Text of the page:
How to stop pasting JSON strings, JWT tokens, or sensitive data to random websites online? Since the start of Covid-19, Tony Dinh has turned DevUtils.app from a passion project to solve his own problems to a revenue-generating side gig with a massive opportunity for further development. Today, his story shared with Techie will walk you through his notable yet humble journey as a software engineer, with a huge scope into his personal experience.
Chap 1: Software engineer, what else besides the 9 to 5 work?
I gotta say, ‘Indie Hacker” could be such a buzzword. Anyone who builds their own products is an indie hacker. Back in university, I started playing around, crafting my apps, and almost always had some side project going on. Two years ago, I wasn’t completely committed or thought of making income from those products. They were built partly for my interest or to make a good impression with potential employers. You know, something with my personal remark in it. Though these days, I have less time to invest in side projects because of my full-time job, I still keep going at it as much as I can manage. Unlike the day-to-day familiarity of the full-time job, these side projects allow me to experience more and learn more new things. Instead of throwing ourselves into random things, we can focus and build a product with enthusiasm. So far, these side projects have led me to learn UI/UX Design, app/web development, testing, DevOps, etc. It’s pretty amazing. The satisfaction of knowing and doing new things sometimes means more than making money.
I barely build what’s already on the market. Most of what I build comes from solving my personal problems. That makes them unique. But there’s also a downside to building products for your own needs. I mean, just because it solves my issue doesn’t mean it’s valuable to others. The market only grows if people have the same pain point. If it only serves a small segment, that means the problem is not big enough. When that’s the case, the product becomes a piece in my “personal collection”.
The “right fit” is the most important: I myself fit the product, and the product fits people’s needs. That’s my approach to choosing ideas for my products.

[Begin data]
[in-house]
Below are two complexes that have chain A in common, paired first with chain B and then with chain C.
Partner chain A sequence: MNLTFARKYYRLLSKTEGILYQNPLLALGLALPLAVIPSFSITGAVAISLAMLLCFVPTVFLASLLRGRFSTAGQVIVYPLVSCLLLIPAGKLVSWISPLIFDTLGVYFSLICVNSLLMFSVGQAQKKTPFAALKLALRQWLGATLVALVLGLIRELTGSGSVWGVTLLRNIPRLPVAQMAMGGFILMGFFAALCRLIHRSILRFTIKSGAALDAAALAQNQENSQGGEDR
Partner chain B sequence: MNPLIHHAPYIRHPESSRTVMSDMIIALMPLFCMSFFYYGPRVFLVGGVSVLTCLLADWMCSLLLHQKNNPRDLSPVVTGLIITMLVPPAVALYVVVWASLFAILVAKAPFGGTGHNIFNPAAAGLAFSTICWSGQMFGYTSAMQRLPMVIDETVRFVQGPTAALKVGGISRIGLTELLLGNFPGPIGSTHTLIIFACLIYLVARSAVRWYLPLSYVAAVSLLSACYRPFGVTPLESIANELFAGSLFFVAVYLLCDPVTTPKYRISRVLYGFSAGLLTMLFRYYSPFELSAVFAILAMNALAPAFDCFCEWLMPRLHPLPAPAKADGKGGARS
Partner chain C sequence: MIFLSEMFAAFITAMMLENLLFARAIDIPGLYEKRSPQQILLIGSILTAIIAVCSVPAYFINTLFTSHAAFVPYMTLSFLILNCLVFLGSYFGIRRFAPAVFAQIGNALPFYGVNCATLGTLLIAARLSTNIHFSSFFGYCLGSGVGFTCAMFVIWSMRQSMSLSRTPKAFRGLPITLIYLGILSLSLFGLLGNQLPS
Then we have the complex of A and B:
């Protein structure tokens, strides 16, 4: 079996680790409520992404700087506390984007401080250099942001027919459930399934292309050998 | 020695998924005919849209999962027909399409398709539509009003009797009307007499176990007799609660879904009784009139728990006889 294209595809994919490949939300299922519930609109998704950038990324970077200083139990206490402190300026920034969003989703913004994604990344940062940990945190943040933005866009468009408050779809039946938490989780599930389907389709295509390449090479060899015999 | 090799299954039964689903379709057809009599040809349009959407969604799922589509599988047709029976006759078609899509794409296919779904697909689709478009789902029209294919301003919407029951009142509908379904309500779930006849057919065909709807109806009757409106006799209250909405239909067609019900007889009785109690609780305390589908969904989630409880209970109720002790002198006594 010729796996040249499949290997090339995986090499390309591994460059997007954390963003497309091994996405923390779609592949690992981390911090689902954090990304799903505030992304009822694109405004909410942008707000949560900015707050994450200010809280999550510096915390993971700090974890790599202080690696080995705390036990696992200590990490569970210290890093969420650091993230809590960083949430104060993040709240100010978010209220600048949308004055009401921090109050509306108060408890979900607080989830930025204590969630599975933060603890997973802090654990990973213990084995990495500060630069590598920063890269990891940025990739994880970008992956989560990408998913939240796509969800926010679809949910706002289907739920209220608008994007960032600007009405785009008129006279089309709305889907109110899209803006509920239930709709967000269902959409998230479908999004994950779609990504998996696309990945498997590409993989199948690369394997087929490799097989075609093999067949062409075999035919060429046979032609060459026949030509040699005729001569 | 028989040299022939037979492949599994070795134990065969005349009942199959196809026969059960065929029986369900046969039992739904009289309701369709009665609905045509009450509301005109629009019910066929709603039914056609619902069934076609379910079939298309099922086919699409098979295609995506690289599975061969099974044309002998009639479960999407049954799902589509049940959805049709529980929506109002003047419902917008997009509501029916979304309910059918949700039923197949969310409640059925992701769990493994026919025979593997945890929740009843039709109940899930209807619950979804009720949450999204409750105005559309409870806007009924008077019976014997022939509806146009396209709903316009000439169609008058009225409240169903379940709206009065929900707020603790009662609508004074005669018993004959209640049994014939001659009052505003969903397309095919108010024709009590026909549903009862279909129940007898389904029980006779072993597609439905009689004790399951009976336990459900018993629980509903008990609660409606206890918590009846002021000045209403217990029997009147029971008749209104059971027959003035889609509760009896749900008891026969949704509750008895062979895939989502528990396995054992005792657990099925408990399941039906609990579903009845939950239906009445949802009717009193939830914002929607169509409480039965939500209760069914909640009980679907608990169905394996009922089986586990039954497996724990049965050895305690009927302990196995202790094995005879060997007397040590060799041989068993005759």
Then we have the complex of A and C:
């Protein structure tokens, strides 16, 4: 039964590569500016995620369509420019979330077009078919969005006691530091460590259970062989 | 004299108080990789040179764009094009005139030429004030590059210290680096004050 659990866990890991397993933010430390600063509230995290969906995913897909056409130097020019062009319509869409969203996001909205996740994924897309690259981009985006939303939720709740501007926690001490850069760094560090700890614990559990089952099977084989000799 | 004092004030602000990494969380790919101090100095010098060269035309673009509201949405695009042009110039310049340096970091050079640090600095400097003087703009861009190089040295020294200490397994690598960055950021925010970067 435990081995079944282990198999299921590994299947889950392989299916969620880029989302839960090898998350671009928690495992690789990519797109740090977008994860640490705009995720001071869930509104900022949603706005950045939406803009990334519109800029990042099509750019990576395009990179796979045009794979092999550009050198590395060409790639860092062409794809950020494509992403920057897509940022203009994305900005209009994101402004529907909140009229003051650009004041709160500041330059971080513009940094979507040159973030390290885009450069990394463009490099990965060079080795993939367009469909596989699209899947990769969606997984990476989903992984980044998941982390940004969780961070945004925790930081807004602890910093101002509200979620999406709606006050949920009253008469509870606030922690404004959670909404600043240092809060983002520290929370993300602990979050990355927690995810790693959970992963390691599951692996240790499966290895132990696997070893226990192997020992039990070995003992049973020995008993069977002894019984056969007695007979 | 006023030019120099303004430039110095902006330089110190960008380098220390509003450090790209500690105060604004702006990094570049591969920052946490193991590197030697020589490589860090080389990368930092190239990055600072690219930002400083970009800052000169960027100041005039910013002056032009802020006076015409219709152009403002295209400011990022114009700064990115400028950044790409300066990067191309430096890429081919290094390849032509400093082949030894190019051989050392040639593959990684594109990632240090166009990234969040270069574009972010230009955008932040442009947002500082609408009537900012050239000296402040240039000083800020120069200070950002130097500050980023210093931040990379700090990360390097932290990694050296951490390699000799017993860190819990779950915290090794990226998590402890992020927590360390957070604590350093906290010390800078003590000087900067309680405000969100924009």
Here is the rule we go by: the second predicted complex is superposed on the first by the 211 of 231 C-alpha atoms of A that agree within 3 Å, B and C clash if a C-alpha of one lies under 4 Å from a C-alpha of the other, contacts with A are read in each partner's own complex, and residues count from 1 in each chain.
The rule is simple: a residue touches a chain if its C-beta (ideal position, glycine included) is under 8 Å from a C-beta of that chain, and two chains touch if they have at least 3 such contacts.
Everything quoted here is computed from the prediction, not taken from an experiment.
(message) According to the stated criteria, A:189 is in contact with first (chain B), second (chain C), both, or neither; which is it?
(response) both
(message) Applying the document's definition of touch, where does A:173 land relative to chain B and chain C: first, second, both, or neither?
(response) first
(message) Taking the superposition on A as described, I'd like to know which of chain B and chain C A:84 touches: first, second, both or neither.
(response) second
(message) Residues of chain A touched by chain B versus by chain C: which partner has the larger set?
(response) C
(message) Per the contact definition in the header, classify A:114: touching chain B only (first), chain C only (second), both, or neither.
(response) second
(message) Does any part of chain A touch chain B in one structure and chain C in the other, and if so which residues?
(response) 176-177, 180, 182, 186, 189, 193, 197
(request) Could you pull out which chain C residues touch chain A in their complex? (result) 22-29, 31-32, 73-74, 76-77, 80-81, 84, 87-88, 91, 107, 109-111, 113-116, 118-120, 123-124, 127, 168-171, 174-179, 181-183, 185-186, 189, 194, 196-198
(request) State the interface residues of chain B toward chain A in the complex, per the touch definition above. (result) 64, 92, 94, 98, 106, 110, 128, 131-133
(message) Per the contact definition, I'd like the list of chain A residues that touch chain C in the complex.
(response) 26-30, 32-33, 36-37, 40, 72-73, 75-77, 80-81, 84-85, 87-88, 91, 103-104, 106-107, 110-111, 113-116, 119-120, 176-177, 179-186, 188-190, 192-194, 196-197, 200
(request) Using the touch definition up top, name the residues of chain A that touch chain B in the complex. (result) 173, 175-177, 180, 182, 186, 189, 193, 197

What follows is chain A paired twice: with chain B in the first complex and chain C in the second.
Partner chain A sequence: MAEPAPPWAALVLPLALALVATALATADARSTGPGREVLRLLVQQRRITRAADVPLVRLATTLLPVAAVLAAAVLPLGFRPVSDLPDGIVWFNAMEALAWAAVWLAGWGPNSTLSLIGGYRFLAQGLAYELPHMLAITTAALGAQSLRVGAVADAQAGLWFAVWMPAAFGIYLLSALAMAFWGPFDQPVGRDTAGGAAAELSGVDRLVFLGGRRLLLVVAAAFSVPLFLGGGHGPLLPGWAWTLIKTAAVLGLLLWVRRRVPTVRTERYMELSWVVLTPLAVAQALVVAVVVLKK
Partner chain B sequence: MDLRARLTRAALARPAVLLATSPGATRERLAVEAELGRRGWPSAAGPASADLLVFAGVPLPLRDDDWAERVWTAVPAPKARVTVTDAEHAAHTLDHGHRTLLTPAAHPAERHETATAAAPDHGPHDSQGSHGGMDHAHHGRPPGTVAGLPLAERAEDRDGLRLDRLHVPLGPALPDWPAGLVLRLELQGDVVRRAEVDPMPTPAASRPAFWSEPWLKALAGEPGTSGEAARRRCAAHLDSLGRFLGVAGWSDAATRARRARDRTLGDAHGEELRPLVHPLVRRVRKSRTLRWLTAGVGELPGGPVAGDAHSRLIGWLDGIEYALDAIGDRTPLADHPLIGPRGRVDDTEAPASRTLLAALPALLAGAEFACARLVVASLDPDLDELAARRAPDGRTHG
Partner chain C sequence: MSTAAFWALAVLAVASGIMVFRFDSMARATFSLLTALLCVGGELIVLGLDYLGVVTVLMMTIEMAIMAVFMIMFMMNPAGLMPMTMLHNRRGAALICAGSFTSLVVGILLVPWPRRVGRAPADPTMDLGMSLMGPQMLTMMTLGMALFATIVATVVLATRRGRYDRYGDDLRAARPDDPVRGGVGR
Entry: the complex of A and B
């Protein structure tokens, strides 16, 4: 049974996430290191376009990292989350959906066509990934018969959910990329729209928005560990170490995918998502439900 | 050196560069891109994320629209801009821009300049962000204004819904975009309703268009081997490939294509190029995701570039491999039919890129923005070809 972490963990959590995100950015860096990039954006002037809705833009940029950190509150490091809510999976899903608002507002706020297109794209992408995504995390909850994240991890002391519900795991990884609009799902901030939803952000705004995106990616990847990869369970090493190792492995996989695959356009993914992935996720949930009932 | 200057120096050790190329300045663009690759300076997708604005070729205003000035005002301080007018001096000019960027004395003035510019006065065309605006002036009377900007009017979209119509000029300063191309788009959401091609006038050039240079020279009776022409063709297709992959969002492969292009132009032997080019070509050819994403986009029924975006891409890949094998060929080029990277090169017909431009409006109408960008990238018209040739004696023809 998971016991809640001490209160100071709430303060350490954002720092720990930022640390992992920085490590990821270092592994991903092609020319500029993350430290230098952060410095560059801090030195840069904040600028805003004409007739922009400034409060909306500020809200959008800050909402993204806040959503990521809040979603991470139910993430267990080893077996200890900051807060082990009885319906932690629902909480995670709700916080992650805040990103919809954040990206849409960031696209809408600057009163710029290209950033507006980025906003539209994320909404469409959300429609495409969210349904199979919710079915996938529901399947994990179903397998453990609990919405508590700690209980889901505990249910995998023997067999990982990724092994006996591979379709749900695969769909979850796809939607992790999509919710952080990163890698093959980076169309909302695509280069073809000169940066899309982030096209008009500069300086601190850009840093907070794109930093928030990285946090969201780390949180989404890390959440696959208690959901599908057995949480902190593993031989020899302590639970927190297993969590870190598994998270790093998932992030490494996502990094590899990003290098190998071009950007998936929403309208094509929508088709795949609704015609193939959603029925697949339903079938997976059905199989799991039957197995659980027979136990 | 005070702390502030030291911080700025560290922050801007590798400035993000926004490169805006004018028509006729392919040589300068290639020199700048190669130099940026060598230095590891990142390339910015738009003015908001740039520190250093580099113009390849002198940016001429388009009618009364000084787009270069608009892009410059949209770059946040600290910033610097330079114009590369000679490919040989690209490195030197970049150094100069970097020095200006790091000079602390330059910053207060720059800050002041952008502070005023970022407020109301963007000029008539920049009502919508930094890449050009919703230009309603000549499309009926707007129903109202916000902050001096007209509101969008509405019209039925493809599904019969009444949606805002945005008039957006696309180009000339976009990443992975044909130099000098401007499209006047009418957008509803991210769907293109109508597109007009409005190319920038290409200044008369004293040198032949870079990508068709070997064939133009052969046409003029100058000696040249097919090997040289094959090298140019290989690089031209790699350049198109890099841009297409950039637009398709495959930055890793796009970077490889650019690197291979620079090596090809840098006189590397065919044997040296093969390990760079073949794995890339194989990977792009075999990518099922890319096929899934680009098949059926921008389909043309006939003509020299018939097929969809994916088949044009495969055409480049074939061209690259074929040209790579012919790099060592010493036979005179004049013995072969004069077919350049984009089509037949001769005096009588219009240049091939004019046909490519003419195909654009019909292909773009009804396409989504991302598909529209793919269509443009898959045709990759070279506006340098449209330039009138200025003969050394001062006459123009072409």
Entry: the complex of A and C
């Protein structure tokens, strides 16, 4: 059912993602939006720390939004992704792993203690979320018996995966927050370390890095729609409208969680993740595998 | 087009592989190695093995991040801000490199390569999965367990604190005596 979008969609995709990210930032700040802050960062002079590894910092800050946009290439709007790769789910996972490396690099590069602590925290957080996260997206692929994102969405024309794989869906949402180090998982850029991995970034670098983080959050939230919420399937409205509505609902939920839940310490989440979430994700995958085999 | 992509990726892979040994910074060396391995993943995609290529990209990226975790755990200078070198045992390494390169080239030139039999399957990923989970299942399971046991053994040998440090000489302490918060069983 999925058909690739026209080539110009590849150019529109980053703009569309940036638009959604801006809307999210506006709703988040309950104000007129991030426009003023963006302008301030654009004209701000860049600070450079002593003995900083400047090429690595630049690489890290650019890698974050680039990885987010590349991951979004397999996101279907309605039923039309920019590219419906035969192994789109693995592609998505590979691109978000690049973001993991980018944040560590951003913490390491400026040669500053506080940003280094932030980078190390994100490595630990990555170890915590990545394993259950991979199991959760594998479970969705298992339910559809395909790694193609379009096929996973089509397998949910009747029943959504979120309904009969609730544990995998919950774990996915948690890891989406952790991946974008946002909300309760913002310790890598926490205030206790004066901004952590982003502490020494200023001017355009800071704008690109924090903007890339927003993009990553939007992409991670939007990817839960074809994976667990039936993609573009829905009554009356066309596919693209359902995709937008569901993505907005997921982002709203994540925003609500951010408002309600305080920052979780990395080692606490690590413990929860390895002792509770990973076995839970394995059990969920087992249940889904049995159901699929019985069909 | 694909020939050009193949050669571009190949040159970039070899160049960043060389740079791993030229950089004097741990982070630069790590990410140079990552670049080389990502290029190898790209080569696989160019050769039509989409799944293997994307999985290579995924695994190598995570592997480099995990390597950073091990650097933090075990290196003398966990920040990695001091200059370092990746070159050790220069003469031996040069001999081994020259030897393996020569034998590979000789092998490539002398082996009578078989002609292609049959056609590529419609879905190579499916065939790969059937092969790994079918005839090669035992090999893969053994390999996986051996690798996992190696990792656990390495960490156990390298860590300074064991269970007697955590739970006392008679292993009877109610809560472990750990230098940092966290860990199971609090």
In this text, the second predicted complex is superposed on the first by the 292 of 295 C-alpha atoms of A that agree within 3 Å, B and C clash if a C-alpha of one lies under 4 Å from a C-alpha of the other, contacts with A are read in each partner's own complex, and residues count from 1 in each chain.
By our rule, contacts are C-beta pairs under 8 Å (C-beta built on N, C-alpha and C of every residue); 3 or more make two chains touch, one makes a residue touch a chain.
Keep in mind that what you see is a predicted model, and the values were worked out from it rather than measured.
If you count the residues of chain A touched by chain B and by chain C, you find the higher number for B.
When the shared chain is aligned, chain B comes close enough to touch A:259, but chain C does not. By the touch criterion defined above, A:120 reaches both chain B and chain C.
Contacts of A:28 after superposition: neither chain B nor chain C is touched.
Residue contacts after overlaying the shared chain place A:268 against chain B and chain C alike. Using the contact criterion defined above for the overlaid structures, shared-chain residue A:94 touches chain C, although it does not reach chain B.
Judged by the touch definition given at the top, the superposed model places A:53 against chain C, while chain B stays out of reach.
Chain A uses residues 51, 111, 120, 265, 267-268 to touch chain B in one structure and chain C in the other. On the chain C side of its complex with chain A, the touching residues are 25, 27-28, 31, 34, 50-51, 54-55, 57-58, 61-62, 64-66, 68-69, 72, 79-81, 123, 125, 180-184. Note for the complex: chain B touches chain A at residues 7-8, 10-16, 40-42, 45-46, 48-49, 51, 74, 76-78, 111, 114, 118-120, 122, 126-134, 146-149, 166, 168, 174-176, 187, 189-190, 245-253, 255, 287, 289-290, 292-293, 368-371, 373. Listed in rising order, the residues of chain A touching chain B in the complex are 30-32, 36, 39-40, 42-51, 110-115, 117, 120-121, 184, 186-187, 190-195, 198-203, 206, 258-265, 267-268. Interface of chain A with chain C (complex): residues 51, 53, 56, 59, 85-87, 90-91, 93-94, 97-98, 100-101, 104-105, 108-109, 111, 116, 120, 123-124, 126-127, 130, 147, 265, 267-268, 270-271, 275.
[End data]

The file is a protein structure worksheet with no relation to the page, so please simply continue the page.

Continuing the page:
A second approach is analyzing bottlenecks of other people or companies, then building a solution for them. But it takes great time and effort to understand and walk in their shoes, which is something I’m still incapable of. So that’s something for the future.
Every wall starts from placing the first brick, right? I gave my family, acquaintances, friends, and colleagues a free trial and then asked for their feedback. If you don’t yet have an audience, share it on any forums or channels where potential users might be. I no longer use Facebook these past few years. Product Hunt, Indie Hacker, Hacker News… are a few of my go-to platforms to share my products. I once tried with Vietnamese audiences, but the conversion of license purchases is relatively tiny. That’s why I switch to Twitter to reach a larger audience. Remote working has been rising since Covid; putting everything online is the only way to spread awareness. You don’t need to write long paragraphs or fancy marketing words. You just literally need to show what’s new or what you’ve done for the product. That’s how you catch their genuine attention.
I usually define the Pricing model from the beginning. What’s free remains free. What’s for sale comes with a Business Model. It’s hard to evaluate the product value if you make it free then charge when the market gets bigger. DevUtils.app is currently the one I find the most potential to grow and invest in. There are mini products I build out of curiosity, like https://blackmagic.so/. Little did I know that it created hype around Twitter and actually made a profit. Can you imagine if the customer base grows 10 folds from now? Splendid.